Jeff Bezos Wants to Go to the Moon. Then, Public Education.

Opinion | Enterprises

Jeff Bezos Wants to Go to the Moon. Then, Public Education.

By Dominik Dresel     Jan 21, 2021

Jeff Bezos Wants to Go to the Moon. Then, Public Education.

Jeff Bezos’ $2 billion investment to establish a Montessori-inspired network of preschools may be shrugged off by many as the world’s richest man dabbling in another playground. Instead, we should see it for what it is: the early days of Amazon’s foray into public education.

Bezos, more than any other tech entrepreneur, is known to play the long game, masterfully. In a now-famous 1997 interview, he candidly explained why Amazon started out by selling books. (Hint: It had nothing to do with Bezos’ love for literature. Books were simply a stepping stone, the “best first thing” to sell.) Less than three decades later, Amazon has become not just the world’s largest online retailer, but also a global leader in areas as diverse as cloud computing, home security and digital content production. And we’ve only seen the beginning—within the next few years, the company is poised to disrupt the healthcare market, become the market leader in online advertising, establish itself as a competitor to USPS, FedX and UPS, and provide global access to broadband internet through a network of satellites orbiting the planet… to name but a few examples.

It would be easy to think that Amazon’s rapid expansion into industry after industry is just the natural, opportunistic path of a cash-flush company seeking to invest in new, lucrative markets. But Jeff Bezos, himself a graduate of a Montessori preschool, doesn’t think in short-term opportunities. His early annual shareholder letters bear titles such as “It‘s All About the Long Term” (1997), “Building for the Long Term” (1999) and “Taking the Long View” (2000), and they are testimony to the fact that every strategic decision he makes is part of a larger, long-term plan.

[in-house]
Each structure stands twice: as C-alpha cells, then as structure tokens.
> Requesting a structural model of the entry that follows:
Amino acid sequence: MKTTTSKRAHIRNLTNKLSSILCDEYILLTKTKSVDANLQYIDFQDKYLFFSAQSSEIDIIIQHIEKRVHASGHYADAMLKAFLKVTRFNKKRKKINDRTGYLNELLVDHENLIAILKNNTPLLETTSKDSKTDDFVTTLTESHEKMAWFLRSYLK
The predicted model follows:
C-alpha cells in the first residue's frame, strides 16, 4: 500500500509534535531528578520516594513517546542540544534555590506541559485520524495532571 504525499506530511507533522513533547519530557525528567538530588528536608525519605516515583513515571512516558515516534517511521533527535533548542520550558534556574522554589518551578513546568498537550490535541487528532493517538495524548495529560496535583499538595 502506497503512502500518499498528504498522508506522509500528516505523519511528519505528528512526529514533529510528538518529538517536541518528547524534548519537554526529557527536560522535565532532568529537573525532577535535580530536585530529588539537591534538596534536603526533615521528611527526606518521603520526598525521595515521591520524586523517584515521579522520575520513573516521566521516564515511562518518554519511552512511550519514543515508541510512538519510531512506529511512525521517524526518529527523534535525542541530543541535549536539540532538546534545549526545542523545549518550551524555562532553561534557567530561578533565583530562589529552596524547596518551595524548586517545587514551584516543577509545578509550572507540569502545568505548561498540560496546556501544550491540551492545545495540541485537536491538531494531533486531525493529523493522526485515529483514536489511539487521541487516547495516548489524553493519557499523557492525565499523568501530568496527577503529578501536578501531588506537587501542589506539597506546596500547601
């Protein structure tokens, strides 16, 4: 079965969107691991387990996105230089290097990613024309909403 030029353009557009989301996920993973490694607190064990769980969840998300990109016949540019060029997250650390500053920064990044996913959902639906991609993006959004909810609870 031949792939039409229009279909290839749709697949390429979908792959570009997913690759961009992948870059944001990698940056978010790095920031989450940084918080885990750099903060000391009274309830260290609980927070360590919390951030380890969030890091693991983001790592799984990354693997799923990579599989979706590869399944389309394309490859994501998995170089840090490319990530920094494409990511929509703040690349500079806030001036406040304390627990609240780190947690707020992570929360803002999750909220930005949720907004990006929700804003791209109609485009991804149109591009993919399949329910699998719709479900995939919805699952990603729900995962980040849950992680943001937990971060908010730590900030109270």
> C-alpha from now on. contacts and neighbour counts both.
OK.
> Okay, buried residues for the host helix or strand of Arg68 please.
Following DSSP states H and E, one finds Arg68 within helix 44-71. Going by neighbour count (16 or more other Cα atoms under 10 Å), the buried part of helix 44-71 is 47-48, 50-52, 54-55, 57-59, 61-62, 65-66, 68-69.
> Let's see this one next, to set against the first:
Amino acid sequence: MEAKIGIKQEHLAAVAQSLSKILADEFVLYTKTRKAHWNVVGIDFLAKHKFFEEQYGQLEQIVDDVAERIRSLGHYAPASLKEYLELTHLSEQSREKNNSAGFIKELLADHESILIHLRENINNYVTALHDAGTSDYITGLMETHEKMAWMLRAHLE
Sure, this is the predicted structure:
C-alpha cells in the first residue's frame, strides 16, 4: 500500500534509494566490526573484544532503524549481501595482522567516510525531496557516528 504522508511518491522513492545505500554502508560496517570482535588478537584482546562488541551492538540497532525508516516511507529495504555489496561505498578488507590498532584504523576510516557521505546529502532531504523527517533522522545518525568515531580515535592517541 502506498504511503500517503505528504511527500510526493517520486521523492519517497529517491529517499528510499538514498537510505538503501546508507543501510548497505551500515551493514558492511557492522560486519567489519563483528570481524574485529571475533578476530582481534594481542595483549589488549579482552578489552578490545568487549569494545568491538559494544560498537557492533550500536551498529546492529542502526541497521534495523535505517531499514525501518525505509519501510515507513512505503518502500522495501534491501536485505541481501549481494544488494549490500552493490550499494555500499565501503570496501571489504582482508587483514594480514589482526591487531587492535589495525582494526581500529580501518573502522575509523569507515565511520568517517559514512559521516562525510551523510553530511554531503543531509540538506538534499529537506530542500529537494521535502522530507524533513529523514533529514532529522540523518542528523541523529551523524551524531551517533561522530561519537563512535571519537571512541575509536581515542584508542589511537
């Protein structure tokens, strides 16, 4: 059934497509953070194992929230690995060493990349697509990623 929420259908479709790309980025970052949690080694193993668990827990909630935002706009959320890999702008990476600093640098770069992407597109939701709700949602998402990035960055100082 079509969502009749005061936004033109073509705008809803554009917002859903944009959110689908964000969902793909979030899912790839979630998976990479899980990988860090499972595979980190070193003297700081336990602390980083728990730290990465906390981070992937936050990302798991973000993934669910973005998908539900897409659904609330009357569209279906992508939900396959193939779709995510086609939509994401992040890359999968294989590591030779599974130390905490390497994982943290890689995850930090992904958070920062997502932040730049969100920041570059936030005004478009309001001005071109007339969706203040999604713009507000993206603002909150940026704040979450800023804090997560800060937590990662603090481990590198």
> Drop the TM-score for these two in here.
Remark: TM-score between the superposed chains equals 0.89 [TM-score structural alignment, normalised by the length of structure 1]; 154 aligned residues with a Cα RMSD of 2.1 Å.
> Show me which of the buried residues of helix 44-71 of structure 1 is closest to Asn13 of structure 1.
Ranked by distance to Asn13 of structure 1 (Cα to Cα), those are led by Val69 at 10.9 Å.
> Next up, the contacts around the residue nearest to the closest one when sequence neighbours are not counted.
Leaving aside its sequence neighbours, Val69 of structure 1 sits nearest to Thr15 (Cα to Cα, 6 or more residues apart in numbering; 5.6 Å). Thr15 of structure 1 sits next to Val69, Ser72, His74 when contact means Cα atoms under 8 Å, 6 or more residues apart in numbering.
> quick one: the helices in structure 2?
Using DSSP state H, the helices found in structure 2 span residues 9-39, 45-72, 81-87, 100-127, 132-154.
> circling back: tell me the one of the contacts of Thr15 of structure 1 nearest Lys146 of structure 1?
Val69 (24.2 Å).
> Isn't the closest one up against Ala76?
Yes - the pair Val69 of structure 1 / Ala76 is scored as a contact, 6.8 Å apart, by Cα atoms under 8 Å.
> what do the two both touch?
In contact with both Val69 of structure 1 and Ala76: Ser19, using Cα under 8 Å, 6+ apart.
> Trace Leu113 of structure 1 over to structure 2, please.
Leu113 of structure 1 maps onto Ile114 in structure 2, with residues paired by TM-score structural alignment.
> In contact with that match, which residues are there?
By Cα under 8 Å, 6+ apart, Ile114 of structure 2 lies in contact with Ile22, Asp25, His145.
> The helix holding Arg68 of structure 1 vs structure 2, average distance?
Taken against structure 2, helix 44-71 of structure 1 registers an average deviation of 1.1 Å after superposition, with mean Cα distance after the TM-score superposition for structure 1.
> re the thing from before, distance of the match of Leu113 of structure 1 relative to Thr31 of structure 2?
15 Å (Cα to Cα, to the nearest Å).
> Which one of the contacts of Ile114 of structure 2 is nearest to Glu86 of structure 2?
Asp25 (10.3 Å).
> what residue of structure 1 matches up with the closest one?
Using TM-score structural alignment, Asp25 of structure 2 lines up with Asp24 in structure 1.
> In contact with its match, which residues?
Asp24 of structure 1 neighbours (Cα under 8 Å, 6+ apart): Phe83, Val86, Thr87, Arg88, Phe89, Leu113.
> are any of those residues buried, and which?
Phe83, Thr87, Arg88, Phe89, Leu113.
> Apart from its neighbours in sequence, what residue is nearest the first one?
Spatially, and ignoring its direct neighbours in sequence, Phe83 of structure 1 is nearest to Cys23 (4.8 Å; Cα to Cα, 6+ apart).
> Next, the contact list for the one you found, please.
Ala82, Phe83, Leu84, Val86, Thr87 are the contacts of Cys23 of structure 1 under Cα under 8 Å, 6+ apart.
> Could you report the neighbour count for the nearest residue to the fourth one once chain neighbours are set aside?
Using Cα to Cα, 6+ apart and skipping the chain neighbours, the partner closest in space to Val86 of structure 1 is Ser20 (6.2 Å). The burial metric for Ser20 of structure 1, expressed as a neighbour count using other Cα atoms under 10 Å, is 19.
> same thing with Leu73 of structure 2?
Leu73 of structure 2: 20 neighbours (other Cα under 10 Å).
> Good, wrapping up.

In a business world that is driven by quarterly results and short-term thinking, some of Bezos’ investments—his takeover of the Washington Post, his development of a $42 million clock meant to operate for 10,000 years, or his spaceflight company Blue Origin, set to take the first woman to the moon—may not seem driven by a larger strategic purpose. But they are. And so is Bezos’ $2 billion investment in Montessori-inspired preschools.

Amazon Has Everything to Win in Public Education